Opening Up the Suburbs: An Urban Strategy for America (Revised)
Anthony Downs (Author)
DescriptionIn this fast-paced, fact-filled short book, Anthony Downs takes a close look at a national problem of increasing importance--opening up the suburbs to the poor. After marshalling the arguments in favor of introducing low and moderate income housing in suburban areas where it is not now possible, he presents the suburbanites' case against change. He finds legitimate claims and fears on both sides. Mr. Downs believes it is possible, however, to devise public policies that will reconcile the objectives and legitimate desires of both poorer Americans desiring to upgrade themselves by entering the suburbs and wealthier Americans desiring to protect the quality of their hard-won suburban life. He proposes the concept of balanced communities as well as other public policies to effect this reconciliation. As the nation moves into the decade of the seventies, the pressures of expanding population on the suburbs are bound to increase. Anthony Downs provides here a thoughtful analysis of the problems that are coming and practical proposals for dealing with them, which will interest the professional planner and the involved citizen alike.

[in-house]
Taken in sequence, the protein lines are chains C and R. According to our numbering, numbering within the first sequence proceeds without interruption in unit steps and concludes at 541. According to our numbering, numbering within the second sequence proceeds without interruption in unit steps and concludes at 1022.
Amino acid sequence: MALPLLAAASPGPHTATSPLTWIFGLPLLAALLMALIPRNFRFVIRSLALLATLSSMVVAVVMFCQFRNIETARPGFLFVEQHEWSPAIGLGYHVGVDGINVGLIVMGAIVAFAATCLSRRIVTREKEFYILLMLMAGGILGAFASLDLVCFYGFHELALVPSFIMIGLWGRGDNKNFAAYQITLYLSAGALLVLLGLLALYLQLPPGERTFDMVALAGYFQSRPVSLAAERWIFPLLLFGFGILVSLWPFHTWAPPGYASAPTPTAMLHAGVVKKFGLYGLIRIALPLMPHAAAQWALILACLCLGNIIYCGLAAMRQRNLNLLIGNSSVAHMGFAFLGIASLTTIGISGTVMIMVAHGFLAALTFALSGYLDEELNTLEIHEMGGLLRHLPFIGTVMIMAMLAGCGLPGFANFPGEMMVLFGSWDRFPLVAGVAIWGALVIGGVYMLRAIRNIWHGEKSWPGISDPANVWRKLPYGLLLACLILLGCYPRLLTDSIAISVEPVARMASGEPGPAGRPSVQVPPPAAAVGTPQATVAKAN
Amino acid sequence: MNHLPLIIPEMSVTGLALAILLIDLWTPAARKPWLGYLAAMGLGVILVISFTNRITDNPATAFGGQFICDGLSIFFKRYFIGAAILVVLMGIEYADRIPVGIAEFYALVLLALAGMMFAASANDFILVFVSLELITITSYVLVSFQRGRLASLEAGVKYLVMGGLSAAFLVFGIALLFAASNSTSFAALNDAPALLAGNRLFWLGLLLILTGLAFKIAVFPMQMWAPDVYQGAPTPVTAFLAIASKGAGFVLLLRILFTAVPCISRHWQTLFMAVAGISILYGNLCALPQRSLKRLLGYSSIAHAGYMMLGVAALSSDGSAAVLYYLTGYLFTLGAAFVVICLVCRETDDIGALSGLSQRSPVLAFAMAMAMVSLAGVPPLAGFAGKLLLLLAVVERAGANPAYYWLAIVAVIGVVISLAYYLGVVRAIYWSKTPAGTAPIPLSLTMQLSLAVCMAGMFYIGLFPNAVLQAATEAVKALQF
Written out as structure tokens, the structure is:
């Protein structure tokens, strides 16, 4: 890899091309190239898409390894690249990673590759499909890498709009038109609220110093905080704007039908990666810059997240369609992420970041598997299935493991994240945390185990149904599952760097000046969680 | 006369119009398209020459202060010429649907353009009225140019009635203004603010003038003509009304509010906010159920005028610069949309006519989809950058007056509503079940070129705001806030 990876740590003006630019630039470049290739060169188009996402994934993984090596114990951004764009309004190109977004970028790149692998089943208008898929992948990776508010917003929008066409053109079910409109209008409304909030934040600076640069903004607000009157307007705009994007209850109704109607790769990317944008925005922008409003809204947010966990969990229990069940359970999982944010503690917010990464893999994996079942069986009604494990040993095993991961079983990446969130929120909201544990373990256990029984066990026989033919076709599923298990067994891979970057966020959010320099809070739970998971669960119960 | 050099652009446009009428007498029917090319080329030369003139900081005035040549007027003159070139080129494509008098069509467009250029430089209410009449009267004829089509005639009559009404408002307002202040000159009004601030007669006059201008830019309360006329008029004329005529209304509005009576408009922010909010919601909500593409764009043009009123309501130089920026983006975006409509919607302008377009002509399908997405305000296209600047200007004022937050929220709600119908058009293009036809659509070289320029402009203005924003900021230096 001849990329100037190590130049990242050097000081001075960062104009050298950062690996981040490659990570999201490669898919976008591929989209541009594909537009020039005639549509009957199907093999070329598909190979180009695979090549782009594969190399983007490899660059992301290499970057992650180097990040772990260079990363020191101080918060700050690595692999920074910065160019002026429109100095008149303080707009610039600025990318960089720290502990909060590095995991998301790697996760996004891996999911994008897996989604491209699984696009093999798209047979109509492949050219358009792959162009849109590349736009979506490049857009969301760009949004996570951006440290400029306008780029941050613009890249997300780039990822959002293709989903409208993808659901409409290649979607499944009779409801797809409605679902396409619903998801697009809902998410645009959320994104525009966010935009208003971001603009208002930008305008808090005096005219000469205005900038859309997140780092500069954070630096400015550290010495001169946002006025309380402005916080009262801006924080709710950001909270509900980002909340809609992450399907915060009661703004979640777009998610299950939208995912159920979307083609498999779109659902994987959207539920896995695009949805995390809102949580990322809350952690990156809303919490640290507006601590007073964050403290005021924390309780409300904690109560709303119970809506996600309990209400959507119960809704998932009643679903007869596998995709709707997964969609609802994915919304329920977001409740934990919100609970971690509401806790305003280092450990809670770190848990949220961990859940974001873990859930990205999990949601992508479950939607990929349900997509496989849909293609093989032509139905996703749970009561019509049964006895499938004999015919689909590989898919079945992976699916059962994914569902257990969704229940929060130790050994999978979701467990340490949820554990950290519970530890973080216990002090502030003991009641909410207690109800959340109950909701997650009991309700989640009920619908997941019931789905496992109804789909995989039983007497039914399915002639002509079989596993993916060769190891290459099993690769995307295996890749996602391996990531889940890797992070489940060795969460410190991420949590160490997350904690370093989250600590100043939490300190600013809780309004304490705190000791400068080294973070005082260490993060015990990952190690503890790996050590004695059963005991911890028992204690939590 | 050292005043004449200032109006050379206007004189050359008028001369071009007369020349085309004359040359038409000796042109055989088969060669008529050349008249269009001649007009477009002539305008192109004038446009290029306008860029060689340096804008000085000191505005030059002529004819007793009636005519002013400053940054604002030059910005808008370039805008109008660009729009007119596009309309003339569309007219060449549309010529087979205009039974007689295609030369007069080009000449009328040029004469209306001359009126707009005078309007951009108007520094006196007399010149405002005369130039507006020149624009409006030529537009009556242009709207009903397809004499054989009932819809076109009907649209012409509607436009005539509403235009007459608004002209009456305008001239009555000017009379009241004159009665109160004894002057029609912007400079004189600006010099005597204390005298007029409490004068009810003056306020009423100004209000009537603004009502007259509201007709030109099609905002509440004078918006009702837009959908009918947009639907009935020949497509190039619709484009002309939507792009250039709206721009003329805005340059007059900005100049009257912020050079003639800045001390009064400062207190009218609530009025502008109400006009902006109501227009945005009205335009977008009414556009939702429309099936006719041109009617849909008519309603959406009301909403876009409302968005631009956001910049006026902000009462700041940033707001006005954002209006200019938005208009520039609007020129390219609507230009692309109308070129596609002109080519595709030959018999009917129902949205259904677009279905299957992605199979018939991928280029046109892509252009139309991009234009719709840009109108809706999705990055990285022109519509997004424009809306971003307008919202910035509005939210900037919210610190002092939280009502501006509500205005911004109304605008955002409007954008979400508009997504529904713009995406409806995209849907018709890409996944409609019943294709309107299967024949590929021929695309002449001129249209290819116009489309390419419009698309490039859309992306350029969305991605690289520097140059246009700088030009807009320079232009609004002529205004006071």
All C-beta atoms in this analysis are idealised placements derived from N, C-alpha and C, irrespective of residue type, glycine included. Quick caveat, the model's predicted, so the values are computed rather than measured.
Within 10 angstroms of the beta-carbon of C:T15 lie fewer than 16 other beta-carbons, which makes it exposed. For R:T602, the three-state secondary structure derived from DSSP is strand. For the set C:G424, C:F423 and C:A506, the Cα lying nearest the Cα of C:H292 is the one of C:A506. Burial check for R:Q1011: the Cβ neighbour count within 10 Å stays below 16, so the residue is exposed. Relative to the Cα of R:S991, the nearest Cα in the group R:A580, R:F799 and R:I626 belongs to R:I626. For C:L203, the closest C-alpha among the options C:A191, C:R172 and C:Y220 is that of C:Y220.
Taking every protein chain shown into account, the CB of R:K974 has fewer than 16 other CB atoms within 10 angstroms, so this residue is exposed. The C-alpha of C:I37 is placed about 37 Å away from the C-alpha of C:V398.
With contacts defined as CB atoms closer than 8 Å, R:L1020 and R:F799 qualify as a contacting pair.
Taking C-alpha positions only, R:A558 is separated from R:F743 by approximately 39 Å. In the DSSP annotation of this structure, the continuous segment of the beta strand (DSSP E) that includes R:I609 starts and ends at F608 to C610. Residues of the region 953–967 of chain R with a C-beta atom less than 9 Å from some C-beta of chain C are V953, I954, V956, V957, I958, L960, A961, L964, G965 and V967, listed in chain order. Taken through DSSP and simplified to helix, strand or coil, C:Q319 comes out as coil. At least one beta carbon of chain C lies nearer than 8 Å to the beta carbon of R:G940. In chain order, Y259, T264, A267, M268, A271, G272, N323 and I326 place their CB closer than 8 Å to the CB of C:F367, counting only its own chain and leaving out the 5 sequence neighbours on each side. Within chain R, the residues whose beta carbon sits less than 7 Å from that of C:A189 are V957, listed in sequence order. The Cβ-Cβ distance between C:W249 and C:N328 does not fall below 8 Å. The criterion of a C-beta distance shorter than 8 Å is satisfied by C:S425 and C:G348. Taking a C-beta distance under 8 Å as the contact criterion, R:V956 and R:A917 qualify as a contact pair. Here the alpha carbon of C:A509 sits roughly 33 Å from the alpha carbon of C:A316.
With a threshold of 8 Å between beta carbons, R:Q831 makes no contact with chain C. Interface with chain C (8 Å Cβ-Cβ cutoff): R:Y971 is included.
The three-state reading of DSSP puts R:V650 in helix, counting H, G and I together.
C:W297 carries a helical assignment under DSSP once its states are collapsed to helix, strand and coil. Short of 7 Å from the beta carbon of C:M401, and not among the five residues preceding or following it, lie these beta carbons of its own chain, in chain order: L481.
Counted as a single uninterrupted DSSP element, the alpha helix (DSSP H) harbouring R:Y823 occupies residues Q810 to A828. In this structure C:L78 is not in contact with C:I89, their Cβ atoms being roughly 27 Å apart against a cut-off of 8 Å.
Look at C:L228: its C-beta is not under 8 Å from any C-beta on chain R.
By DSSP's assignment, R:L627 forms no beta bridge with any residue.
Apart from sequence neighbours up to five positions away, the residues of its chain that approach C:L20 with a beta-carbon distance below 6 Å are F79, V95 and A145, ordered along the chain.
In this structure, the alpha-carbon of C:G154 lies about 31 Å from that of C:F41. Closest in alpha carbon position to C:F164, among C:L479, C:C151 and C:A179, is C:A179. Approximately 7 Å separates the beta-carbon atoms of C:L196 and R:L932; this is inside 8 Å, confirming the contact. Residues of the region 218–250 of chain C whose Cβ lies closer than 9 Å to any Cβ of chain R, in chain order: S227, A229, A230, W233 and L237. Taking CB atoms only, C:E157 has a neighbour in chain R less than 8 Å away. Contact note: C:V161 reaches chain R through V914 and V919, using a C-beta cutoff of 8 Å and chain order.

Yale University Press
April 01, 1975
4.88 X 0.59 X 8.32 inches | 0.62 pounds
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About the Author
Anthony Downs is a Senior Fellow at the Brookings Institution in Washington D.C., where he has been since 1977. Before that, he was for 18 years a member and then Chairman of Real Estate Research Corporation, a nationwide consulting firm advising private and public decision-makers on real estate investment, housing policies, and urban affairs. Dr. Downs received a Ph.D. in economics from Stanford University, and is the author or co-author of 20 books and over 480 articles. His most famous books are An Economic Theory of Democracy (1957), translated into several foreign languages, and Inside Bureaucracy (1967). His latest books are Stuck in Traffic (1992) and New Visions for Metropolitan America (1994), from Brookings and the Lincoln Institute, A Re-Evaluation of Residential Rent Control (1996), from the Urban Land Institute, and Urban Affairs and Urban Policy and Political Theory and Public Choice (1998), two volumes of his collected essays published by Edward Elgar Publishing.